In these situations, where there is a range of problems, it is therefore difficult for humans to make the correct decision. Consequently, it is also not possible to argue the correctly about what will happen in case of a legendary bad. The protection of free will is utilized to complain against the bad as it claims that God has guaranteed that a free will was given to all people to make choices about what they want to do. We have demonstrated how free will outweighs the awful human beings do. It is through these events that the gratuitous evil is clarified while it does not threaten God’s life. In other words, this gracious evil is allowed by God in exchange with free will.
When God created man, God’s primary objective was a reciprocal relationship. Without the free will that would have meant that in the relation- God is not genuine because human beings may appear as puppets governed by God alone. Therefore, free will was the deliberate decision of God to allow human beings to make their own choices. This kind of freedom gives human powers what they want their life to be without any external influence. I agree that there are evils that commit out of free will. The price of crime committed is carried by humans and can be compensated through the will of God.
There cannot be evil without God. This argument, however, does not mean that God planned the crime in the world he created, but it shows that the concept of evil is pro-human and wrong if there is no good to compare it. Swinburne, in his book ‘Is there a God’ emphasized that one of the essential premises of evil is that evil exists (Swinburne, 2010, pg. 3–19). Those who support the problem of evil have witnessed evil; they have recognized something as evil or claim to be part of knowing that sin is wrong. Anybody that can compare good and bad acknowledges the existence of God, who is the opposite of the crime. The argument, therefore, from the atheist society is wrong as they now some good that is associated with God. As soon as one claims that God doesn’t exist, they cannot continue to claim that there is good because that is God.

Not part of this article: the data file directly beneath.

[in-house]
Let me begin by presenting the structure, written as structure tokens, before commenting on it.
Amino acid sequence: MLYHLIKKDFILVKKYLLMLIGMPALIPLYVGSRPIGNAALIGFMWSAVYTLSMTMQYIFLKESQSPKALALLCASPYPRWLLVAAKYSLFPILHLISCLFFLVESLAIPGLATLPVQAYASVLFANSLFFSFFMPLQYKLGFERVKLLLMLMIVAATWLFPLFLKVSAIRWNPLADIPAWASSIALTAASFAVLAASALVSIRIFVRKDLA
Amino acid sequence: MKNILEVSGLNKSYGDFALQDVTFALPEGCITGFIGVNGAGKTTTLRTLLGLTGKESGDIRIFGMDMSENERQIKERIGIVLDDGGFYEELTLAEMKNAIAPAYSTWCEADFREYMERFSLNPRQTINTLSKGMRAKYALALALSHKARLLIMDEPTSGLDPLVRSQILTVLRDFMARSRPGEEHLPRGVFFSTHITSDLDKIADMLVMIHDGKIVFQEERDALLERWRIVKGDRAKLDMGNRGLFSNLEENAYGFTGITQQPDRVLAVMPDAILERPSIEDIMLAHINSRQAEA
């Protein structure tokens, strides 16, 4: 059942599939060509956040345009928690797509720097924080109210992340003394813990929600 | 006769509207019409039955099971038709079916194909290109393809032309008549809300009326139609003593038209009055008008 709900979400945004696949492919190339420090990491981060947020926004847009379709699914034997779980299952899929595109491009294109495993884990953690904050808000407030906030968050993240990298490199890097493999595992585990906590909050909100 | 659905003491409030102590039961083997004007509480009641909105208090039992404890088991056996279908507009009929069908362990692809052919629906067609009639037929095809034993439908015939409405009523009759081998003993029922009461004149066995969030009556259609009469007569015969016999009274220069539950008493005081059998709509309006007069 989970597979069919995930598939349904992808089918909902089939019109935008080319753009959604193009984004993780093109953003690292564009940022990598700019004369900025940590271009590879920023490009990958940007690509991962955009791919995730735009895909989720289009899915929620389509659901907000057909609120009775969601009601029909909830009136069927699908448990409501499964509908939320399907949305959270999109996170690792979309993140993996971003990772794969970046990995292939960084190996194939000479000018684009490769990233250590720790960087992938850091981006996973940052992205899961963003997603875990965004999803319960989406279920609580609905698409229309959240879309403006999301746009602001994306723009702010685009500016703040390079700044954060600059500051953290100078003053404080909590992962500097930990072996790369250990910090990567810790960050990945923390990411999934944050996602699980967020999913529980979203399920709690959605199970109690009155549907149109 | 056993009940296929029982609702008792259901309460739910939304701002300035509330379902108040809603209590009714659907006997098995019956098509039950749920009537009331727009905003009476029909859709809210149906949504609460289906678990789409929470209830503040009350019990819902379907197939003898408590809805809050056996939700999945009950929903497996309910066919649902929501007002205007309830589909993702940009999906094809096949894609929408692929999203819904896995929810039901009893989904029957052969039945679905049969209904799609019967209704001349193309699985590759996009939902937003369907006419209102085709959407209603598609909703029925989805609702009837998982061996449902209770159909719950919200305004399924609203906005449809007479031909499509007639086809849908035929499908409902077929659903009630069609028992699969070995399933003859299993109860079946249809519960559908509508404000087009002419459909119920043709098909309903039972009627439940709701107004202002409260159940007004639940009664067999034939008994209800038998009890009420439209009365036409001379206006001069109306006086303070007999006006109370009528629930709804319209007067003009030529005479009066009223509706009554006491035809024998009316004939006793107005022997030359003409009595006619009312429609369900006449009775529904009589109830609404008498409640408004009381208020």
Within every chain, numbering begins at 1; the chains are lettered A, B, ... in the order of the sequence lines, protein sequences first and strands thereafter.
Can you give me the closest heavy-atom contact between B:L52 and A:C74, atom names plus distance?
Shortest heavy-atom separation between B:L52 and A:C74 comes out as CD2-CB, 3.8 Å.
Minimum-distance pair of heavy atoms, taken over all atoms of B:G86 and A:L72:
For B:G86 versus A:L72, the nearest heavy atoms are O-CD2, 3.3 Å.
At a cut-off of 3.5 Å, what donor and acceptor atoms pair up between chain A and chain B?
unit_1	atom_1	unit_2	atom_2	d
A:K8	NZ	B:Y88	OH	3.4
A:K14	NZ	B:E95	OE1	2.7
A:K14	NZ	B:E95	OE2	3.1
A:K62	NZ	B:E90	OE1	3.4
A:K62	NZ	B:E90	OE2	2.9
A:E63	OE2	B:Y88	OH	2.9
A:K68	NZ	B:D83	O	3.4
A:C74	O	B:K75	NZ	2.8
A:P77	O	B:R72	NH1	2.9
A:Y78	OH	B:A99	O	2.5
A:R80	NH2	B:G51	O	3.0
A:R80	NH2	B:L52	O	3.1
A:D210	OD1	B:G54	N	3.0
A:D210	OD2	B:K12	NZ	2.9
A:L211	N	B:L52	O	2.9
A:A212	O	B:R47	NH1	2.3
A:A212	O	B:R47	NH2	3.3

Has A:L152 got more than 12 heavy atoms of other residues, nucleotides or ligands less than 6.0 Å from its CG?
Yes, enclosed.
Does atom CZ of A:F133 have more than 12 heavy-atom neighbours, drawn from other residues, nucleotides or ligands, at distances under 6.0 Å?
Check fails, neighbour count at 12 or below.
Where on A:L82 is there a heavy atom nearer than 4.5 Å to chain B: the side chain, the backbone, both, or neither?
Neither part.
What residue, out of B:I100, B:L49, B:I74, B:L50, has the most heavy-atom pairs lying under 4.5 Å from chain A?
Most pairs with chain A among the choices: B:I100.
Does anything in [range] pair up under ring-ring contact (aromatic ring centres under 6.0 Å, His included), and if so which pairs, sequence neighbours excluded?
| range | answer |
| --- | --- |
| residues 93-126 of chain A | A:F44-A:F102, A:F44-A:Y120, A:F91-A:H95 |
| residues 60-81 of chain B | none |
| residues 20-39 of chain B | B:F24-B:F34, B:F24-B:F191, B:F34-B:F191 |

Hancock, in his book truth and religious belief, argues that a relatively good act is always related to God and that people will have a thought and conscious mind that helps them separate good from evil with a clear, distinct line (Hancock and Sweetman, 1998, pg. 63). Those who believe in the absence of God cannot have a different line drawn between good and evil because they cannot equate the good to anything else. This distinct division of right and harm confirms that the bad is already defeated because the world comprises of better than evil and that evil is considered misfortunes that beset human but are always regulated or prevented by a powerful
If God were not present, the existing society would see the likelihood of a lost planet. The kind of evils that exist is capable of putting an end to the world in which we live, a purpose which makes me believe that there is a god. This world, according to Christianity, is not the way God planned a healthy and ideal place to call home, but he keeps coming in to cleanse it and defend us from evil. Jesus ended up living a clean life, setting an example to replicate ostracizing evil and protecting other human beings the same way we would be doing for ourselves. It is a pledge in the long-term Holy scriptures where evil is ultimately defeated by linking back to the existence of a loving God who does not want evil.
So, I am against the claim that evil is justification enough to show that God does not exist. Jackson in the God of philosophy claims that God and evil coexist; it is that God only will use the question of evil to ensure that human beings have doubts that could result in a better society (Jackson, 2014).